The times of ignorance God overlooked, but now he commands all men everywhere to repent,
because he has fixed a day on which he will judge the world in righteousness by a man whom he has appointed, and of this he has given assurance to all men by raising him from the dead."
Now when they heard of the resurrection of the dead, some mocked; but others said, "We will hear you again about this."
So Paul went out from among them.
But some men joined him and believed, among them Dionys'ius the Are-op'agite and a woman named Dam'aris and others with them.
After this he left Athens and went to Corinth.
And he found a Jew named Aq'uila, a native of Pontus, lately come from Italy with his wife Priscilla, because Claudius had commanded all the Jews to leave Rome. And he went to see them;
and because he was of the same trade he stayed with them, and they worked, for by trade they were tentmakers.
And he argued in the synagogue every sabbath, and persuaded Jews and Greeks.
When Silas and Timothy arrived from Macedo'nia, Paul was occupied with preaching, testifying to the Jews that the Christ was Jesus.
And when they opposed and reviled him, he shook out his garments and said to them, "Your blood be upon your heads! I am innocent. From now on I will go to the Gentiles."
And he left there and went to the house of a man named Titius Justus, a worshiper of God; his house was next door to the synagogue.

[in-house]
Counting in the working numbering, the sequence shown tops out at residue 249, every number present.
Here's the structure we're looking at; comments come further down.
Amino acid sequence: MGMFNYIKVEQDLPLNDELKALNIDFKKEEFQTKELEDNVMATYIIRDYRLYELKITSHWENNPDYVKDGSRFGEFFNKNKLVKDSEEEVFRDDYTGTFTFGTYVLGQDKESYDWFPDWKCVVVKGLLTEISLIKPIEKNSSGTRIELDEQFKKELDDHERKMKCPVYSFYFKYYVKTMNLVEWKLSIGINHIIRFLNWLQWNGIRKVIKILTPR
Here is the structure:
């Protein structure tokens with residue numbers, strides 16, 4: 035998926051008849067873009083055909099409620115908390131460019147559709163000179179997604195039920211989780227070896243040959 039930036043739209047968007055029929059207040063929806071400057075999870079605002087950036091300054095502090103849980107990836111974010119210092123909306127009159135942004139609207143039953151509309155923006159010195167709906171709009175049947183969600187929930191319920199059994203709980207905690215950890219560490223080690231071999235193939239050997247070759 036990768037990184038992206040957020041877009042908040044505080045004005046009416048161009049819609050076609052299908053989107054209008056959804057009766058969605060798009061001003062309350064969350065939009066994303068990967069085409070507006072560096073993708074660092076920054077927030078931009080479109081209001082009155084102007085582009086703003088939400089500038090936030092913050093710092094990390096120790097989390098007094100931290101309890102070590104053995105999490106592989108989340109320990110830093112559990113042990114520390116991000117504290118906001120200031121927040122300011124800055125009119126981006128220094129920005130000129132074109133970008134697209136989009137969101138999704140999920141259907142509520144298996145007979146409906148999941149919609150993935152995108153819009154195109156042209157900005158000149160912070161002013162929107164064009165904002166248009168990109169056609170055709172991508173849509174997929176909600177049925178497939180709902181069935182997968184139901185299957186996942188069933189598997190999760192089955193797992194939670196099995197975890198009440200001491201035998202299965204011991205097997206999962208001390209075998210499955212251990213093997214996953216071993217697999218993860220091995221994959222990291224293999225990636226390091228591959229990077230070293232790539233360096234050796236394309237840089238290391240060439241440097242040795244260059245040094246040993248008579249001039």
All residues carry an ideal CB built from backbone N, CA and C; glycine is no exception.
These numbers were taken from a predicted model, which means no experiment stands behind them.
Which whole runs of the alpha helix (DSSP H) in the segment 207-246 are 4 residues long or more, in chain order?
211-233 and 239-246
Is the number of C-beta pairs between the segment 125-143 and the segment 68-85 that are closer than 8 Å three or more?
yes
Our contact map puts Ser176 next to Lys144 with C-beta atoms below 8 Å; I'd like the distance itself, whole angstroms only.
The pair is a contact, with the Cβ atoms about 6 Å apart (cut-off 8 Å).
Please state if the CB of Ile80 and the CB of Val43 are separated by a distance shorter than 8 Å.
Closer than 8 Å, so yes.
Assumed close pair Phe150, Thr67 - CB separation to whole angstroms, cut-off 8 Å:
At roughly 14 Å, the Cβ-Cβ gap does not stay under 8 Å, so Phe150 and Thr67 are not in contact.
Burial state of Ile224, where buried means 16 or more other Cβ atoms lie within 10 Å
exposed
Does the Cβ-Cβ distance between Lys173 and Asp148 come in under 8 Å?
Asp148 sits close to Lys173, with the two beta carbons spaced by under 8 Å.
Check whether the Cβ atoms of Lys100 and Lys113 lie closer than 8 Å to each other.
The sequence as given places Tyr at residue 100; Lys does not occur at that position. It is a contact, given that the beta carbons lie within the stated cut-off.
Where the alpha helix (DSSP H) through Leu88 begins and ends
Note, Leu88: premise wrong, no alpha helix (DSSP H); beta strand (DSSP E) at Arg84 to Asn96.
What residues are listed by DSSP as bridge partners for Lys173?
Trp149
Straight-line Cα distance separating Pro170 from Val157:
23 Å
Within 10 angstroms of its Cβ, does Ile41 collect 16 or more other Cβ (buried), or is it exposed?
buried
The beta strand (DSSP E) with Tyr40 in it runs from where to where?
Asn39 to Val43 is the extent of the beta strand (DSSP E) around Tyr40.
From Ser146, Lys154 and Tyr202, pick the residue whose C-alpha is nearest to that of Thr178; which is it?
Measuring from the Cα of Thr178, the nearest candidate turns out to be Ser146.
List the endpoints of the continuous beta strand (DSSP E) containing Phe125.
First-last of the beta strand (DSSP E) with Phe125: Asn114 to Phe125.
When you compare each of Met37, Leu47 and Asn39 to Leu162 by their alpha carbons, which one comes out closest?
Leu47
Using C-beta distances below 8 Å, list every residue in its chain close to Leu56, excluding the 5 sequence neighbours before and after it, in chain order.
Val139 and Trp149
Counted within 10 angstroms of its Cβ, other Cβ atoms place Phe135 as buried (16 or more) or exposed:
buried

Crispus, the ruler of the synagogue, believed in the Lord, together with all his household; and many of the Corinthians hearing Paul believed and were baptized.
And the Lord said to Paul one night in a vision, "Do not be afraid, but speak and do not be silent;
for I am with you, and no man shall attack you to harm you; for I have many people in this city."
And he stayed a year and six months, teaching the word of God among them.
But when Gallio was proconsul of Acha'ia, the Jews made a united attack upon Paul and brought him before the tribunal,
saying, "This man is persuading men to worship God contrary to the law."
But when Paul was about to open his mouth, Gallio said to the Jews, "If it were a matter of wrongdoing or vicious crime, I should have reason to bear with you, O Jews;
but since it is a matter of questions about words and names and your own law, see to it yourselves; I refuse to be a judge of these things."
And he drove them from the tribunal.
And they all seized Sos'thenes, the ruler of the synagogue, and beat him in front of the tribunal. But Gallio paid no attention to this.
After this Paul stayed many days longer, and then took leave of the brethren and sailed for Syria, and with him Priscilla and Aq'uila. At Cen'chre-ae he cut his hair, for he had a vow.
And they came to Ephesus, and he left them there; but he himself went into the synagogue and argued with the Jews.
When they asked him to stay for a longer period, he declined;
but on taking leave of them he said, "I will return to you if God wills," and he set sail from Ephesus.
When he had landed at Caesare'a, he went up and greeted the church, and then went down to Antioch.
After spending some time there he departed and went from place to place through the region of Galatia and Phryg'ia, strengthening all the disciples.
Now a Jew named Apol'los, a native of Alexandria, came to Ephesus. He was an eloquent man, well versed in the scriptures.
He had been instructed in the way of the Lord; and being fervent in spirit, he spoke and taught accurately the things concerning Jesus, though he knew only the baptism of John.
He began to speak boldly in the synagogue; but when Priscilla and Aq'uila heard him, they took him and expounded to him the way of God more accurately.
And when he wished to cross to Acha'ia, the brethren encouraged him, and wrote to the disciples to receive him. When he arrived, he greatly helped those who through grace had believed,
for he powerfully confuted the Jews in public, showing by the scriptures that the Christ was Jesus.